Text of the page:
Community of Practice report: working with Digital Champions

Published by Kate Gallant on

Welcome to section two of the One Digital observational and practice based learning report (2017-18), working with Digital Champions. Section 2 of the full report is available at the bottom of this page.

The Community of Practice carried out a range of good practice activities to capture learning, these included:

  • Face to face learning and virtual learning sessions
  • Internal Project Leads discussions
  • Larger events for wider partners interested in digital inclusion
  • Informal use of Slack and email to share practice queries
  • Project visits and direct discussions with digital inclusion practitioners
  • Workshops and network sessions led by One Digital partners.

Learning points covered in this section:

  • Activity levels of Champions can be monitored easily through the Digital Champions Network. It’s useful to understand how many people are being supported by each Champion
  • Digital skills training that involves a mixture of face to face & online training is most effective
  • The most popular training provided by the Digital Unite Digital Champions Network was the CPD accredited Digital Champion Essentials course and training to help someone with an accessibility need
  • A self-help approach and a culture of continuous learning helps Digital Champions build the confidence and motivation of their learners to engage with being online.  Assessing digital skills training needs can be done through the Essential Digital Skills Framework and Toolkit
  • Digital Champions benefit from having information on other digital skills training opportunities locally so they can signpost learners who want to learn more and develop their skills further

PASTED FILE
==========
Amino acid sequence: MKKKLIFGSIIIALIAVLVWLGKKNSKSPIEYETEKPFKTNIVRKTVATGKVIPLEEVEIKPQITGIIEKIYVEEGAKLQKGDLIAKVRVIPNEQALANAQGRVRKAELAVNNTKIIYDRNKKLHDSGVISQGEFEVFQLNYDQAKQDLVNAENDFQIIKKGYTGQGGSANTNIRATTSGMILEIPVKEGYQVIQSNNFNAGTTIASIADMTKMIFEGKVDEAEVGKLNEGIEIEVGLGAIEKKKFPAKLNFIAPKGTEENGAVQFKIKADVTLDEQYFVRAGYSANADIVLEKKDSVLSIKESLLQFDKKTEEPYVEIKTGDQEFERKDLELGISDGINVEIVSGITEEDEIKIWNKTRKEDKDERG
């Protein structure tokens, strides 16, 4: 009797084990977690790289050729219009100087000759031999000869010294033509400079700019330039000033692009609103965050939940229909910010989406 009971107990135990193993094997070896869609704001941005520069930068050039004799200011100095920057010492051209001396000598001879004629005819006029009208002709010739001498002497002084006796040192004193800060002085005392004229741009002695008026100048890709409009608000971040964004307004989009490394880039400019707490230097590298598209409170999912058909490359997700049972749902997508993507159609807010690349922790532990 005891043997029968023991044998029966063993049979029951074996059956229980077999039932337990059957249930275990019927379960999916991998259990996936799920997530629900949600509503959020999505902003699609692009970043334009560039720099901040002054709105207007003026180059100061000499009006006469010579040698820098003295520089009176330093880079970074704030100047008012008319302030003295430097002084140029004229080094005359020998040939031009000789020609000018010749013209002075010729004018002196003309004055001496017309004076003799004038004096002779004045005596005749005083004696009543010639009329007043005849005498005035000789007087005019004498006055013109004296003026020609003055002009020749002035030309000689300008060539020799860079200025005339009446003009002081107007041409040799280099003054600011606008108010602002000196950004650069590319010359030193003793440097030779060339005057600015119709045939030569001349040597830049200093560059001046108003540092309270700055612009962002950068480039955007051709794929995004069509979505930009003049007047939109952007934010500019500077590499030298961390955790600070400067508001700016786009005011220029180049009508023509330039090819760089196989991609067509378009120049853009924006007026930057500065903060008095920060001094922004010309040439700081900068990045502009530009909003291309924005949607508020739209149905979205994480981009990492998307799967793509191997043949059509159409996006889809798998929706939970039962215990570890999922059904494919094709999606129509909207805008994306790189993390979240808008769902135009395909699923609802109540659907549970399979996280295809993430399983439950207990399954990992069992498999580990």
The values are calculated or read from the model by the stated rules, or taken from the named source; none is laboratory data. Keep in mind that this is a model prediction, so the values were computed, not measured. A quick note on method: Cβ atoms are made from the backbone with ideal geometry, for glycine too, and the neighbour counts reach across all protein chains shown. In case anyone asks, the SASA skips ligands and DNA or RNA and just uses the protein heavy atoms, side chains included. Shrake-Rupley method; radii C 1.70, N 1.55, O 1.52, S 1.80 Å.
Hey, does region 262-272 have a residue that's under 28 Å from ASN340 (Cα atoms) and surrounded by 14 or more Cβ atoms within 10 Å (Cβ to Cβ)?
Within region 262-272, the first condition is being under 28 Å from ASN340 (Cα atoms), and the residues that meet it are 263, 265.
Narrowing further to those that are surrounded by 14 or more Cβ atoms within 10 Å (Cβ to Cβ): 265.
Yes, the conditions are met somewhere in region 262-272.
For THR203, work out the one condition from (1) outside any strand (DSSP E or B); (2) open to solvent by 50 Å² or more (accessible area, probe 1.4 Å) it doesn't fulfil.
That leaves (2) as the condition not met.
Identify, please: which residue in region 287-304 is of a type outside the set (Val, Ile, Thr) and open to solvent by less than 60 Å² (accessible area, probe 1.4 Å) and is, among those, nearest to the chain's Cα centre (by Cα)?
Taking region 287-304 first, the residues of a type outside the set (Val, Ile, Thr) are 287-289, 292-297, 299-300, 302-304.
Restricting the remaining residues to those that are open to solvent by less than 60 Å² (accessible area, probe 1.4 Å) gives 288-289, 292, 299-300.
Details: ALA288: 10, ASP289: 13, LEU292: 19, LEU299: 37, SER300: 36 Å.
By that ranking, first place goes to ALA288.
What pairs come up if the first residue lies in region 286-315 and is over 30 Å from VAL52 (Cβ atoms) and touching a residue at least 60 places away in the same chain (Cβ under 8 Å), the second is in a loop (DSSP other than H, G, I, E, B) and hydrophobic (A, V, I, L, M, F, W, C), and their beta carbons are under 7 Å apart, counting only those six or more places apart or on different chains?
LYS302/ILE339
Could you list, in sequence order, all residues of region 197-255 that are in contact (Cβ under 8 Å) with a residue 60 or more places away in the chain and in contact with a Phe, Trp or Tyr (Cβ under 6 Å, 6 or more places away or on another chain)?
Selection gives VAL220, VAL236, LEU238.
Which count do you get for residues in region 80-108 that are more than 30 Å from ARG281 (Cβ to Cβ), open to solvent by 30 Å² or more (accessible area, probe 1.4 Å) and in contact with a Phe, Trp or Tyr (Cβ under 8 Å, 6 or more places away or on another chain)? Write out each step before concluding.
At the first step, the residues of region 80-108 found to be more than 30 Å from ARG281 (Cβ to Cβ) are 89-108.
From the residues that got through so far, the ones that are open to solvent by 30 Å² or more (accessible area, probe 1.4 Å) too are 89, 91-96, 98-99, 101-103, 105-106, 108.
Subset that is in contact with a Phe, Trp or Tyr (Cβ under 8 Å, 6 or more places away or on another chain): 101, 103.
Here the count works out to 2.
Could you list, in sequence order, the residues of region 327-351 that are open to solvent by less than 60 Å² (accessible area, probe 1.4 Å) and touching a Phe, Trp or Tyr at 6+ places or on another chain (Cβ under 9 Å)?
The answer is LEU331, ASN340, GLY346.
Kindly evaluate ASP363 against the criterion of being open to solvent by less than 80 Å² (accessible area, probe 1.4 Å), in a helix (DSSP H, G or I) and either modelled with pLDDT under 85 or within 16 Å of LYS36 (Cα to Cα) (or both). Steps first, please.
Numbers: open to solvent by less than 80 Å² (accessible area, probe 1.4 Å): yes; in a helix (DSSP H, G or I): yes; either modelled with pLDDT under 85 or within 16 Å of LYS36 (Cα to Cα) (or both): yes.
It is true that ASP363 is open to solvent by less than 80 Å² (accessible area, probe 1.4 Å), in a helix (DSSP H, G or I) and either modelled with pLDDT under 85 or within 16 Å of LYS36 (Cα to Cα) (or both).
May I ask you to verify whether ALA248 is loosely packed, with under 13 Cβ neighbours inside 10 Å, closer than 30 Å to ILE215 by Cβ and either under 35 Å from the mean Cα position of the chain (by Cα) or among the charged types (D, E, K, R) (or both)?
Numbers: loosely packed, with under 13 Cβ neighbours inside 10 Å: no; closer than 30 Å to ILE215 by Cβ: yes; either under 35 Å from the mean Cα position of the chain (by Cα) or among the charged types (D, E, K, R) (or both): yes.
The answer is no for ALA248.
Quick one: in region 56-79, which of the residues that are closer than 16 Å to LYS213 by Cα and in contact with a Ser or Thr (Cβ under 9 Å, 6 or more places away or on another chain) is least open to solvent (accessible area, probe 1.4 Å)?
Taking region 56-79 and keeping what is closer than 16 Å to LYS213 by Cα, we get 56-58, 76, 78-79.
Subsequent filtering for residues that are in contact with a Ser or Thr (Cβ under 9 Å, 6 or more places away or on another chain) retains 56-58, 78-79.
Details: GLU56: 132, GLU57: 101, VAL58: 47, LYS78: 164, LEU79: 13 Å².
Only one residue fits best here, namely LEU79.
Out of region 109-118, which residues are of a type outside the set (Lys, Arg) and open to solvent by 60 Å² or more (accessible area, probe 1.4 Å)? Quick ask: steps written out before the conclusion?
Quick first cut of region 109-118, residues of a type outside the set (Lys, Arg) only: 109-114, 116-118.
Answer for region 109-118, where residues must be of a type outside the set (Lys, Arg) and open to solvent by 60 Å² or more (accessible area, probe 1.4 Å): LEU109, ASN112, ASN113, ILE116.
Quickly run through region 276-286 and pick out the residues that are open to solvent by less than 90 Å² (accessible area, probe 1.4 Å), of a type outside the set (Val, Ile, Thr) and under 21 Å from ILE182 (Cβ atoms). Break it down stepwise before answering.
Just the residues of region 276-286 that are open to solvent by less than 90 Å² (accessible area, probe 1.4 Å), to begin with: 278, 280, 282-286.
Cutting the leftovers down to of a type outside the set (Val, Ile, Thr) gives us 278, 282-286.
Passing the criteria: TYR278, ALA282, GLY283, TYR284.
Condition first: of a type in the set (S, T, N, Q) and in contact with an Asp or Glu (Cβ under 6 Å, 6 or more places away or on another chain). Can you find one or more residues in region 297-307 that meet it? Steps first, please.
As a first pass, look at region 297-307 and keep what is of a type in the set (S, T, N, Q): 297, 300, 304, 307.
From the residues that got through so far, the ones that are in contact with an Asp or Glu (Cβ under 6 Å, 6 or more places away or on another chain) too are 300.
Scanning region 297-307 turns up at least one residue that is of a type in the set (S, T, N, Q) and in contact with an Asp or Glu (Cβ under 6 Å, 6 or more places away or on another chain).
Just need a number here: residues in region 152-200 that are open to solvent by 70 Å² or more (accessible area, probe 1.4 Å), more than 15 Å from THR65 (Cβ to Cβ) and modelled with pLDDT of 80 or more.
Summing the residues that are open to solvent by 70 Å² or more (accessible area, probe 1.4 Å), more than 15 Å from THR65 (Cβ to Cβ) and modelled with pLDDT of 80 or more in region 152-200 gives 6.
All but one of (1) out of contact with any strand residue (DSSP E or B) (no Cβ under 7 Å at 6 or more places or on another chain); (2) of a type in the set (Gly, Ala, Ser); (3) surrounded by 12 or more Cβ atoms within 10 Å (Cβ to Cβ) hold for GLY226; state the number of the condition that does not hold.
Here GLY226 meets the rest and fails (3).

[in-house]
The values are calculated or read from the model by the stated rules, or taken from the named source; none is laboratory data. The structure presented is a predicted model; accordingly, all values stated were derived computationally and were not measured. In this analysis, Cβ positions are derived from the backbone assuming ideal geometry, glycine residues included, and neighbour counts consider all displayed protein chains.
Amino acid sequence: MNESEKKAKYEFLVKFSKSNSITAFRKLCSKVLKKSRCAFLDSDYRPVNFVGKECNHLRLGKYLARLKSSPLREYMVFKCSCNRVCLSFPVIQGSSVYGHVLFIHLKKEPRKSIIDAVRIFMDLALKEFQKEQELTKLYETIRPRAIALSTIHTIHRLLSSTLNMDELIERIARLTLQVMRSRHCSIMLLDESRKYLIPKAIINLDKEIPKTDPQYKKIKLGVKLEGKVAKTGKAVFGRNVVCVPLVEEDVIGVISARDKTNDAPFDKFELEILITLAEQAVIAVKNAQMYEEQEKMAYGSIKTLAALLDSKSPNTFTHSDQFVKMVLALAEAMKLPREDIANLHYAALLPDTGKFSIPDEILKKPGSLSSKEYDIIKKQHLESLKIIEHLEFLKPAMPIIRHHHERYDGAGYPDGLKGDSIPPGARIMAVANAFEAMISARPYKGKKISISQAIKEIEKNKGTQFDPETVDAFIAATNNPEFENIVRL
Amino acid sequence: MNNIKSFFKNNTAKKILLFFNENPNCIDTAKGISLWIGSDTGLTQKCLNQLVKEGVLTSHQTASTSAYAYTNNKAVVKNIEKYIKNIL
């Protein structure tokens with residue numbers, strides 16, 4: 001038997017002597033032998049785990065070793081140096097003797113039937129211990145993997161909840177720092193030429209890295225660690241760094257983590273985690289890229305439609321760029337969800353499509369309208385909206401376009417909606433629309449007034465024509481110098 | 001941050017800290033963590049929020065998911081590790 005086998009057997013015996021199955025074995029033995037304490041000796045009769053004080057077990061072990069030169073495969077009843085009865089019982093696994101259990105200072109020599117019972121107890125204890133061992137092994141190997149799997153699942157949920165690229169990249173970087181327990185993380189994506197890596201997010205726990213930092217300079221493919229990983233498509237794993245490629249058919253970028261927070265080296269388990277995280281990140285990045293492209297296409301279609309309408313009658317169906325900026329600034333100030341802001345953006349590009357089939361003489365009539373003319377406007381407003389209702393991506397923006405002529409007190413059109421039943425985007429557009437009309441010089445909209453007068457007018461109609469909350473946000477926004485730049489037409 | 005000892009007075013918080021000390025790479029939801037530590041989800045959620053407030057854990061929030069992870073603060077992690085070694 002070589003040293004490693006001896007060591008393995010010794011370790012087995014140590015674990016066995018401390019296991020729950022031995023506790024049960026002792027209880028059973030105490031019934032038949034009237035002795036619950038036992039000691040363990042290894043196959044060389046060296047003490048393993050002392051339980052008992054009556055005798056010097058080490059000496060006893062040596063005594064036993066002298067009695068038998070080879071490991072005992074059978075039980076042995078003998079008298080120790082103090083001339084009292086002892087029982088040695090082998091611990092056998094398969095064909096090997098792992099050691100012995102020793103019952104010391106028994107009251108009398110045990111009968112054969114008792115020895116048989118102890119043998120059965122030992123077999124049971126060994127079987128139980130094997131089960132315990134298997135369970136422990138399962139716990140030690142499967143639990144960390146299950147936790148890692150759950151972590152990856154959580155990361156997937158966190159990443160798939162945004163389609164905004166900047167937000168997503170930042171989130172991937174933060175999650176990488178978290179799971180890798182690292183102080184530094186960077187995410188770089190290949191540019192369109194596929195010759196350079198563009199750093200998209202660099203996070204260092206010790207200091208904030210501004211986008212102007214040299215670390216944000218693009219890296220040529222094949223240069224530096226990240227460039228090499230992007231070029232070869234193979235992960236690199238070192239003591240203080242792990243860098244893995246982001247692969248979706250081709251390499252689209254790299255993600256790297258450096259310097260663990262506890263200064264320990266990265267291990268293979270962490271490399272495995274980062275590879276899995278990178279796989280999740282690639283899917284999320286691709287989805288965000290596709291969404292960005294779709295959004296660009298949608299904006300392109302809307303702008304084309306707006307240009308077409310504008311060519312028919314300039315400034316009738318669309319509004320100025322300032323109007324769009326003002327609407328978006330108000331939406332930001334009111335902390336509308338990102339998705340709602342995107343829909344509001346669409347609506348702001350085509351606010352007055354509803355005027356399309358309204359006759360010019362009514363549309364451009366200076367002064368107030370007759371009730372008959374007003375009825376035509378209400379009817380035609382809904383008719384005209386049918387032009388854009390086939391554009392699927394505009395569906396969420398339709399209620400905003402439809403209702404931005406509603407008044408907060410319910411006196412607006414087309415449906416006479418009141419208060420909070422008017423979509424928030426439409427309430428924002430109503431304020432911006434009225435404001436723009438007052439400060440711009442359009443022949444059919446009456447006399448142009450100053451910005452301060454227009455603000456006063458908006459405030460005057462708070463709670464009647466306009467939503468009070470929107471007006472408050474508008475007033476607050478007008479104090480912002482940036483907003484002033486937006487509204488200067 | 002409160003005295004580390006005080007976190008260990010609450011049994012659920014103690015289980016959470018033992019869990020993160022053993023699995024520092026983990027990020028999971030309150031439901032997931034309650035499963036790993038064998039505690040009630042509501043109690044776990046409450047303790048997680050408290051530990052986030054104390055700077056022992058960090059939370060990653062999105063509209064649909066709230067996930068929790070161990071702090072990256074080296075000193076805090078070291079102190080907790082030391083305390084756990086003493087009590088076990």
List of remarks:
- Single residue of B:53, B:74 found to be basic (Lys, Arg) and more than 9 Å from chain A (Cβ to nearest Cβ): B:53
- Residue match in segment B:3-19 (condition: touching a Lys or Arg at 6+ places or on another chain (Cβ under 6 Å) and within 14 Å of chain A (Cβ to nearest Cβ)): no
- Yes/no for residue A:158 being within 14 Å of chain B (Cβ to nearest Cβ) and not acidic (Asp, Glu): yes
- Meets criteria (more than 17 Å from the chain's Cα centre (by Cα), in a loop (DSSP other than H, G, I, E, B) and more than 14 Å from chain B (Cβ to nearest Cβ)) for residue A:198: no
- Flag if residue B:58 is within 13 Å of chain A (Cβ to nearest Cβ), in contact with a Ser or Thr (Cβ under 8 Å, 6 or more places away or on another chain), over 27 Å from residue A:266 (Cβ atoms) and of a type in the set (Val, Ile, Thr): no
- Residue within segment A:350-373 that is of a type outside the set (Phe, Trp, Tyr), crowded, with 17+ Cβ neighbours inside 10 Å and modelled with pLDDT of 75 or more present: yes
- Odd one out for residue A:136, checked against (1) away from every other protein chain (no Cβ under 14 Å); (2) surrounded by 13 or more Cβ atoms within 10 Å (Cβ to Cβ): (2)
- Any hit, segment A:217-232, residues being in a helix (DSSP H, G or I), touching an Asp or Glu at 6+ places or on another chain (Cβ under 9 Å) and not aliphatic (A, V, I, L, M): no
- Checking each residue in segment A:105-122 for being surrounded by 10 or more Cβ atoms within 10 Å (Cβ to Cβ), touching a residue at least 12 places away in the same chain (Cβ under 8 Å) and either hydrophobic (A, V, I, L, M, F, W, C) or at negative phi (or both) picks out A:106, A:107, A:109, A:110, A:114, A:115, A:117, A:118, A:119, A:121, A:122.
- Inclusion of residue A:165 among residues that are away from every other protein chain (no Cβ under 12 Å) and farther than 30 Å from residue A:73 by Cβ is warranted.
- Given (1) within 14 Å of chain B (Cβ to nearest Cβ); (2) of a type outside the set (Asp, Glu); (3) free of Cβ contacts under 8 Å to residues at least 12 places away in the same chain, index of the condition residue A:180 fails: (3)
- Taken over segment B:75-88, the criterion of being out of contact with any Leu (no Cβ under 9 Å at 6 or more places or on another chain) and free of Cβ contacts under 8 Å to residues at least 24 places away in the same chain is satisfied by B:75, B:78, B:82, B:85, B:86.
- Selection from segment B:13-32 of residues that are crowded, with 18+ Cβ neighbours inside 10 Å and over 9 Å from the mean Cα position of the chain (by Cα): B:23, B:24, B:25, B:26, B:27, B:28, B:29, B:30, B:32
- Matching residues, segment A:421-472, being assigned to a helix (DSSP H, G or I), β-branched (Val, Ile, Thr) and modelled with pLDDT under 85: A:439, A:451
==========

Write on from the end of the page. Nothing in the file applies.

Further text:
• Understanding what motivates people and what time they have available to become a Digital Champion is key to running a successful Digital Champion project
  • Digital Champions recruiting other Champions is a great way to build capacity and skills in digital inclusion projects
  • Encouraging Digital Champions to reflect on their role helps projects to understand the Champion(s) support needs, improving their impact and satisfaction with their role
  • Digital motivators supporting groups of Digital Champions as digital inclusion ambassadors are proving effective in building project capacity
  • Informal Digital Champions (families & friends) can play a key role in local communities it can be more difficult to monitor and support them in this crucial role
  • Embedded Digital Champions, who often work in customer facing roles with groups who are digitally excluded, can be invaluable in improving uptake of digital services.  They can find the role challenging needing time to understand how this can work within their service and for the people they support
  • Supporting learners who have English as a second language is effective if Champions are recruited from within the relevant community (language) group
  • Digital Champions projects within organisations, supporting in-work Essential Digital Skills, are increasingly important as digital change requires all staff to develop their digital competency and skills.

Read section two of the full report here:

Observational and practice based learning report: section 2